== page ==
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Living with a visual impairment

My child has just been diagnosed with a visual impairment, what do we do now?

When your child is diagnosed with a visual impairment it can be a difficult and overwhelming time. We aim to answer as many questions as possible at your appointment, however it is likely that when you leave the hospital you will have many unanswered questions and concerns.

You may be referred to a specialist visual impairment team who make home visits and go into schools to help children and their families or teachers make the most of the level of vision the child has.

There are lots of adaptations you can make in your home to ensure a safer and more accessible environment for your child.

Below are some examples of simple adjustments which may make daily life easier for a child with a visual impairment.


Contrast is how much something appears to stand out from its background because of its colour or shade.

Image showing a dark and light rectangle with a contrasting lighter rectangle in the centre of each

Some tips include:

  • use bright coloured plates and cups to increase contrast or use a bright coloured table cloth with white plates.
  • get bright coloured door handles and light switches. If this is not possible, try placing a bright label or sticker over the switch to make them more noticeable.
  • bathrooms tend to be very pale coloured. Use bright coloured accessories such as soaps and toothbrushes so they stand out more and are easier to see.


The amount of lighting can be very important to help a person with a sight impairment to make the most of their vision. Some tips include:

  • adjustable lamps allow you to point the light at the object you are looking at. This is useful for activities like reading.
  • some lamp shades can reduce the light or restrict it from reaching areas making tasks more difficult.
  • it is very important to have good lighting near potentially dangerous areas such as stair cases. Stair gates should be used with young children to avoid accidents.
  • use high wattage bulbs or LED lights where possible.
  • dimmer switches are useful to control the level of lighting. Some children with certain visual problems can find bright lights uncomfortable.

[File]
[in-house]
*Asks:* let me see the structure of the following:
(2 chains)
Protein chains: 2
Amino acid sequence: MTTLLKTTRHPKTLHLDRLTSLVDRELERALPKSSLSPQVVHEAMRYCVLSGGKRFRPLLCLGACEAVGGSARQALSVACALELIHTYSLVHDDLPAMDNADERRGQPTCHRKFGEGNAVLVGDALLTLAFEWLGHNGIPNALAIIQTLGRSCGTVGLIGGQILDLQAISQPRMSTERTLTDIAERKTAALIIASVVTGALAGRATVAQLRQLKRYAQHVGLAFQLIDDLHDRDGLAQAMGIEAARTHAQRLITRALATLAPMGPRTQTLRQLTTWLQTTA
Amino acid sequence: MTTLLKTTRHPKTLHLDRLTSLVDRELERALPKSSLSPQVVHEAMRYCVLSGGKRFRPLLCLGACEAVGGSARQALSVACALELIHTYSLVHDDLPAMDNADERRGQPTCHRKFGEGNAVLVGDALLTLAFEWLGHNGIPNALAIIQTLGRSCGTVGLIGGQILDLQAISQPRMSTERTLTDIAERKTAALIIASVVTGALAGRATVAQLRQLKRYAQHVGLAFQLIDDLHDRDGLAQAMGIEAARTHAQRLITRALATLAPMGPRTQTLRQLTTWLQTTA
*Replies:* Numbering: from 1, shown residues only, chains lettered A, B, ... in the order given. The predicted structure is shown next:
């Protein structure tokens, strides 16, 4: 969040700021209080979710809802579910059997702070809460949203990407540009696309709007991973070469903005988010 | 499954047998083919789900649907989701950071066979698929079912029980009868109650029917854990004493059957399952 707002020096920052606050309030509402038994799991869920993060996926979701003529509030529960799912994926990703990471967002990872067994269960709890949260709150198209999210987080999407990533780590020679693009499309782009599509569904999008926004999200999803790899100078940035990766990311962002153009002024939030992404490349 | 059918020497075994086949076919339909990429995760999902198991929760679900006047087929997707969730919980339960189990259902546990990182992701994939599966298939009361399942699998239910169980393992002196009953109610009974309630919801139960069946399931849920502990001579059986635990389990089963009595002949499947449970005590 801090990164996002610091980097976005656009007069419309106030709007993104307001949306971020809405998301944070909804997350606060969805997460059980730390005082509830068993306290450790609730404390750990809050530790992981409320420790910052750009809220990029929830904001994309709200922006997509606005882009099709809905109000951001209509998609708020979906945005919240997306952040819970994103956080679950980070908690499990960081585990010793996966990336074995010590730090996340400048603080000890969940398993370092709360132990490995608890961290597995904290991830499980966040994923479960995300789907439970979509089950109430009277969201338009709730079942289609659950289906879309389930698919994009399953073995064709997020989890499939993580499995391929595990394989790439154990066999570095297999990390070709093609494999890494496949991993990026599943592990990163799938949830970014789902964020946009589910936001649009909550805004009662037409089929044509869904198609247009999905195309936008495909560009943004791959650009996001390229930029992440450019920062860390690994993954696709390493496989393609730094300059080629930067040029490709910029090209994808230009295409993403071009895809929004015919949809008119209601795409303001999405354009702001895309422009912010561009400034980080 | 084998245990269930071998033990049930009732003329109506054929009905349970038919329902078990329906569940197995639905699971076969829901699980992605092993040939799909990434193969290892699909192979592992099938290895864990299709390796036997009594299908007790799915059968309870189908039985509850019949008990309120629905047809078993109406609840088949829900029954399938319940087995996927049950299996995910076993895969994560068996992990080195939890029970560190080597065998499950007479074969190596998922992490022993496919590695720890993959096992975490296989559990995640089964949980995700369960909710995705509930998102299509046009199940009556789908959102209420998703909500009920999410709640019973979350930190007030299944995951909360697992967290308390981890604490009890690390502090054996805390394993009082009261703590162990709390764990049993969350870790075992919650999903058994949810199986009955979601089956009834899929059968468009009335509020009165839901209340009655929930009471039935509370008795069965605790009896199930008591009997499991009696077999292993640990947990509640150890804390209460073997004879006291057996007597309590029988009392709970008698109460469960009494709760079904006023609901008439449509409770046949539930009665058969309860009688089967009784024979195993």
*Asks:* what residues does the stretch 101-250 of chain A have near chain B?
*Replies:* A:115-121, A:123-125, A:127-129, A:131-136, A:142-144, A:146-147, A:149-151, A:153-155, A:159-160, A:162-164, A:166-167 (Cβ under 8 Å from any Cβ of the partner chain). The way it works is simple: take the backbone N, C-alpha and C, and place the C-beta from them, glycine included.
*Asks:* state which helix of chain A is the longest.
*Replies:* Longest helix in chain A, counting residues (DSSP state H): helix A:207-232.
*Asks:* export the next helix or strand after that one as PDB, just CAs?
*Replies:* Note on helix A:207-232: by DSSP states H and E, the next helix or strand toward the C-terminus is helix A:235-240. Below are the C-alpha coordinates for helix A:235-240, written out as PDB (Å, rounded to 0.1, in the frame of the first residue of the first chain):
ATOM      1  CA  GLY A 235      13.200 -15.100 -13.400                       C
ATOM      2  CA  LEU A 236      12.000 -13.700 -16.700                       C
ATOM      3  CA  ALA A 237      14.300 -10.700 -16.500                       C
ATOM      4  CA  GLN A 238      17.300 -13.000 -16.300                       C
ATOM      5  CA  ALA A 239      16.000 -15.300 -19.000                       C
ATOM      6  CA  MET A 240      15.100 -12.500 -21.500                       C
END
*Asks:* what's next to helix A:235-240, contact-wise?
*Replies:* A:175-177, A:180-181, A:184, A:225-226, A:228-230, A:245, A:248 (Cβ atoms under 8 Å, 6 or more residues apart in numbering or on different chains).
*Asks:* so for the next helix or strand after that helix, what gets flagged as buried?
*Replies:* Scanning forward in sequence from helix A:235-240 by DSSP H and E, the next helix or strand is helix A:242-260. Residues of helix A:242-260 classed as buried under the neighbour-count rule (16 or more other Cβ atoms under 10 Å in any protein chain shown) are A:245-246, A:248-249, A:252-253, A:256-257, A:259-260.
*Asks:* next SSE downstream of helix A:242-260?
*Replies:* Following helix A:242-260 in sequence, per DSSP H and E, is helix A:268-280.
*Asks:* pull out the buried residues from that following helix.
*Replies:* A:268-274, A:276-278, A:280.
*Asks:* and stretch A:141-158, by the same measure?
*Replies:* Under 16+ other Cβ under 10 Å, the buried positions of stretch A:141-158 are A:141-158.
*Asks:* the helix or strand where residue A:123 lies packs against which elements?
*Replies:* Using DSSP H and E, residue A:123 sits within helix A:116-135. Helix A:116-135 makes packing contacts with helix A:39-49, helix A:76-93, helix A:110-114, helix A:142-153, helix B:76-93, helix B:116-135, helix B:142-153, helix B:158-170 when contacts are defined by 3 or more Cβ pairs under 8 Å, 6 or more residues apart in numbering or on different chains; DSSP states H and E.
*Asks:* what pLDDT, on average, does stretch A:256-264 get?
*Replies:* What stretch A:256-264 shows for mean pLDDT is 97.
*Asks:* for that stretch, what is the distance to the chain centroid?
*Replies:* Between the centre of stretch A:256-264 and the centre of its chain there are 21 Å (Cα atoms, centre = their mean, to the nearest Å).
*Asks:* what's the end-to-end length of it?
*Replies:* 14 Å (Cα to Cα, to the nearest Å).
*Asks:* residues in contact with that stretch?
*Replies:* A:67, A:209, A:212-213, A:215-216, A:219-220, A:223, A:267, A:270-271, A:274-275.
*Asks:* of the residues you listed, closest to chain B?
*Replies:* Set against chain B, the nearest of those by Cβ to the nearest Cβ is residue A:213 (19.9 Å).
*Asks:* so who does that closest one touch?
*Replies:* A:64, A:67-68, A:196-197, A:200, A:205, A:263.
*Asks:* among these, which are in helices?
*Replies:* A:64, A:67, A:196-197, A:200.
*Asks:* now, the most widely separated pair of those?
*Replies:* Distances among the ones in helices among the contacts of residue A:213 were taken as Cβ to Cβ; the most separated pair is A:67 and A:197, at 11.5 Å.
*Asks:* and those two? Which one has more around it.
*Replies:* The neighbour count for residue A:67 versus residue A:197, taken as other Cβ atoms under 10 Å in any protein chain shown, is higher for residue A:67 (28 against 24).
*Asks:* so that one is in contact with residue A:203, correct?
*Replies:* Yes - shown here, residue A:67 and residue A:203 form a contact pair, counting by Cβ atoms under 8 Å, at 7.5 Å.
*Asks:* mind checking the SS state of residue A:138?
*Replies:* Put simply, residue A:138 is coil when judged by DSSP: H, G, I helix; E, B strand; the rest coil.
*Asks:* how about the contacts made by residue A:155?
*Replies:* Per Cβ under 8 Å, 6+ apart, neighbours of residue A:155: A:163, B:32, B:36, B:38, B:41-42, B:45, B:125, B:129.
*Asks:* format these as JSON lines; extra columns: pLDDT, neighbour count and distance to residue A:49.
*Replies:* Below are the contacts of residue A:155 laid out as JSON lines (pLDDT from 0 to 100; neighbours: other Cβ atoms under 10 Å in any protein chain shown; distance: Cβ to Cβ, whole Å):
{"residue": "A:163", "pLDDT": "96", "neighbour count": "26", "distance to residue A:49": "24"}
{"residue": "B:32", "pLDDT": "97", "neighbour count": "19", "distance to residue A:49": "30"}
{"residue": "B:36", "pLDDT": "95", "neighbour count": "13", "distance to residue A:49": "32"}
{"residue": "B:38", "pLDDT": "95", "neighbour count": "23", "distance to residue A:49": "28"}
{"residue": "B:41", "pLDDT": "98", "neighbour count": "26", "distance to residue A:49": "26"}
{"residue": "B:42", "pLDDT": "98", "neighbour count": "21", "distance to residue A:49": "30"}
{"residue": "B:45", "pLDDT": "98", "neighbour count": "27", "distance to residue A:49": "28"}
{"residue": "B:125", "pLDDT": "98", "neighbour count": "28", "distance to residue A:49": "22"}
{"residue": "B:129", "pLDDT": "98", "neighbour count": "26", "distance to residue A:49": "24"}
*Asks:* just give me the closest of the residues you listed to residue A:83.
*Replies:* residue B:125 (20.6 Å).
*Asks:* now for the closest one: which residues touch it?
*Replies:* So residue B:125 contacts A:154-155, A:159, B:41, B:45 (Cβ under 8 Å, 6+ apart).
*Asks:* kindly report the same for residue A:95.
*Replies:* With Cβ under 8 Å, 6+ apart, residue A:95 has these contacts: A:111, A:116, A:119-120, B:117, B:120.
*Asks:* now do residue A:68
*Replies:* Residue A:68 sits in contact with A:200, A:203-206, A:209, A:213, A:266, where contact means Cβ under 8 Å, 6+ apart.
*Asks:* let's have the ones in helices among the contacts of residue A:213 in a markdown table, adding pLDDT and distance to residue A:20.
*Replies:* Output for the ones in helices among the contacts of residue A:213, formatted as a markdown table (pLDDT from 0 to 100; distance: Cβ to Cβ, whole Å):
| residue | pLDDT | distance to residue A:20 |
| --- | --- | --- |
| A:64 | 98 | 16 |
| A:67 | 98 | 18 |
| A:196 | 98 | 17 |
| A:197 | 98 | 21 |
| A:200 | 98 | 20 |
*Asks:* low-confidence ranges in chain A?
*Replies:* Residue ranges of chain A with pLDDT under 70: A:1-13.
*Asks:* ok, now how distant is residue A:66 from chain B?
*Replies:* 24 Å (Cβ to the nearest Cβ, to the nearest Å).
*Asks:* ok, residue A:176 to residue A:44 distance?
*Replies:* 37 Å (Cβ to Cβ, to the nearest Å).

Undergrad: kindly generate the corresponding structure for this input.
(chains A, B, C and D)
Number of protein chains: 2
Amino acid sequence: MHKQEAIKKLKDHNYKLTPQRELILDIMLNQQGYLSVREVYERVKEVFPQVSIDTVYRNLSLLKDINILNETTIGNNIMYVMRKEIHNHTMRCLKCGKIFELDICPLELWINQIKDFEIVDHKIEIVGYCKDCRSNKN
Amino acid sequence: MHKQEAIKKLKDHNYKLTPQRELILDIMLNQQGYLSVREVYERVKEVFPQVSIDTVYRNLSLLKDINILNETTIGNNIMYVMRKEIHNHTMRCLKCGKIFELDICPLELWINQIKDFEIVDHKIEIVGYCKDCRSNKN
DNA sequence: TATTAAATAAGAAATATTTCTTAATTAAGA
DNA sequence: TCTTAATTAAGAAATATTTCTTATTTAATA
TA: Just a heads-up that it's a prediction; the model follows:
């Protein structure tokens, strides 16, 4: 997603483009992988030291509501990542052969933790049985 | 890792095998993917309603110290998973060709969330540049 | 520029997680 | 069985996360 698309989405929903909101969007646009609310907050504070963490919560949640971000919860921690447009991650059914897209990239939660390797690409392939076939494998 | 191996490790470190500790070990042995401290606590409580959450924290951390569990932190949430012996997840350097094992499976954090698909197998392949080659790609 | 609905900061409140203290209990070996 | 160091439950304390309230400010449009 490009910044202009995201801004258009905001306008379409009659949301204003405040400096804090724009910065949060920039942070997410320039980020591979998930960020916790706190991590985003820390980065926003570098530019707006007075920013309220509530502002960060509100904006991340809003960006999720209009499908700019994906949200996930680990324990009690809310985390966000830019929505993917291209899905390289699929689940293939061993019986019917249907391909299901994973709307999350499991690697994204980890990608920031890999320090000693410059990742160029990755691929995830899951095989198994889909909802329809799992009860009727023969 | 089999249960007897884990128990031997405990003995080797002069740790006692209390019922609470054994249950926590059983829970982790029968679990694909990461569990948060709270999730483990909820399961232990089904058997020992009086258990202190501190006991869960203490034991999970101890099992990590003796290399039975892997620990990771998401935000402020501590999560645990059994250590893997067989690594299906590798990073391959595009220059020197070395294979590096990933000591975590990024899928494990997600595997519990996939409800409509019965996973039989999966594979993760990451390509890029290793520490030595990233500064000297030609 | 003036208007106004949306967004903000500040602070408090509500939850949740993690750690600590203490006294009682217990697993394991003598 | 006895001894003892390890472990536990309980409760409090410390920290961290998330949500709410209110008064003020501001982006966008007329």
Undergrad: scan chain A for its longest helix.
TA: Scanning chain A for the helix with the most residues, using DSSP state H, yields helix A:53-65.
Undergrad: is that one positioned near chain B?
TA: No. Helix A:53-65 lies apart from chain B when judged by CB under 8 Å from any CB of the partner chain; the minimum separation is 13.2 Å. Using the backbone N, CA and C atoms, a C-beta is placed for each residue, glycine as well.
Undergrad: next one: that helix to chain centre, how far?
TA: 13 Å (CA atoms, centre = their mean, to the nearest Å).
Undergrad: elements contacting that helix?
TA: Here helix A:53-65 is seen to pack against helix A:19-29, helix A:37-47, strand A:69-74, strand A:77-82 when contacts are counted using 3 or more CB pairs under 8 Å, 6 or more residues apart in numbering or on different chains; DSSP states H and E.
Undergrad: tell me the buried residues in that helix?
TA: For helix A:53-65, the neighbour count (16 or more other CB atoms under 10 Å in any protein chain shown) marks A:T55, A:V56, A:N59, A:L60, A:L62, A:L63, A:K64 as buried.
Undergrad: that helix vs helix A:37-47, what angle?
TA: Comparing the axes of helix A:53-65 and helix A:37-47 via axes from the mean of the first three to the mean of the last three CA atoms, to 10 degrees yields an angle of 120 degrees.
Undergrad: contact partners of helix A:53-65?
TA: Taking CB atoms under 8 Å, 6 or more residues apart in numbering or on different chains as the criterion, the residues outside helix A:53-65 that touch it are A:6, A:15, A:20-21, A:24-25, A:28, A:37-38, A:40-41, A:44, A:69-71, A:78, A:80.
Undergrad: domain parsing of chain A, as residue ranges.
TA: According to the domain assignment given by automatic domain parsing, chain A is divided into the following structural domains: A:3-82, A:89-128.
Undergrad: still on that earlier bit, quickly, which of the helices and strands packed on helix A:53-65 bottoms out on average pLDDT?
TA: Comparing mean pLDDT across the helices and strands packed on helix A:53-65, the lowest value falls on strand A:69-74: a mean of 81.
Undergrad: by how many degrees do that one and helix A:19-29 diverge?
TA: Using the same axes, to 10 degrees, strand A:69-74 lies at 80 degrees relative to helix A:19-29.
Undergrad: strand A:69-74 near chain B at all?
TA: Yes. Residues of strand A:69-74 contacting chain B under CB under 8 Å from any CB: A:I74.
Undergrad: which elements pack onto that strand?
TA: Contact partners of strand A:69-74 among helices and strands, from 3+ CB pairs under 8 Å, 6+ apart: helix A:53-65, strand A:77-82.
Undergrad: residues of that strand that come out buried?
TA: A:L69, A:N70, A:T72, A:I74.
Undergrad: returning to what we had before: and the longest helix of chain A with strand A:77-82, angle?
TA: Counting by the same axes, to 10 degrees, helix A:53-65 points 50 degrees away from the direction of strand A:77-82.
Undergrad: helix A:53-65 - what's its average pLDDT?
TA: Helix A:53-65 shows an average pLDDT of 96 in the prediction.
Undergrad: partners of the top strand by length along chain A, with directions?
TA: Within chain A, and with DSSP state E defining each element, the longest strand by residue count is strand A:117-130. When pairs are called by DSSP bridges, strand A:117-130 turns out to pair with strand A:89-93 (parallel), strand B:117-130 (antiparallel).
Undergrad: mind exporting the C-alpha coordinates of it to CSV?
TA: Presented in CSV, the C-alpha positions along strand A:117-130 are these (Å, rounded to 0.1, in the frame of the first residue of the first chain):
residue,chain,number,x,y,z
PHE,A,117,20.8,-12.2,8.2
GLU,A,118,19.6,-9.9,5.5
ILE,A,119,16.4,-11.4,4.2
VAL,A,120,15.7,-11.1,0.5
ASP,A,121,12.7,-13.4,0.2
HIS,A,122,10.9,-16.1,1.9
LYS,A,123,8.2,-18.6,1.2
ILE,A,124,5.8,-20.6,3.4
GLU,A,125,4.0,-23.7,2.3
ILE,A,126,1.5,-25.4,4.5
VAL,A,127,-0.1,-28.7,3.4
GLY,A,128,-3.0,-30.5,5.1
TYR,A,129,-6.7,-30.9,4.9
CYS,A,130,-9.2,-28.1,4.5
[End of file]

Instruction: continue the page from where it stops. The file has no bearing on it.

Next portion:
Bigger things are generally easier to see than smaller things. Some tips include:

  • clocks with large faces and numbers will make telling the time easier.
  • thick tip pens for writing notes will make reading less difficult.
  • larger print in books or increasing font size on phones, computers and tablets is useful.
  • allow your child to sit close to the TV. This will not damage the eyes, although it is recommended to take regular breaks from looking at a screen.

Contact us

If you have any questions or concerns, please contact the Eye Department on 0114 271 7468.

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Please note: this is a generic information sheet relating to care at Sheffield Children’s NHS FT. These details may not reflect treatment at other hospitals. This information is not intended as a substitute for professional medical care. Always follow your healthcare professionals’ instructions. If this resource relates to medicines, please read it alongside the medicine manufacturer’s patient information leaflet. If this information has been translated into another language from English, efforts have been made to maintain accuracy, but there may still be some translation errors. If you are unsure about any of the guidance in this resource or have specific questions about how it relates to your child, always ask your healthcare professional for further advice.

Resource number: EYE56

Resource Type: Article

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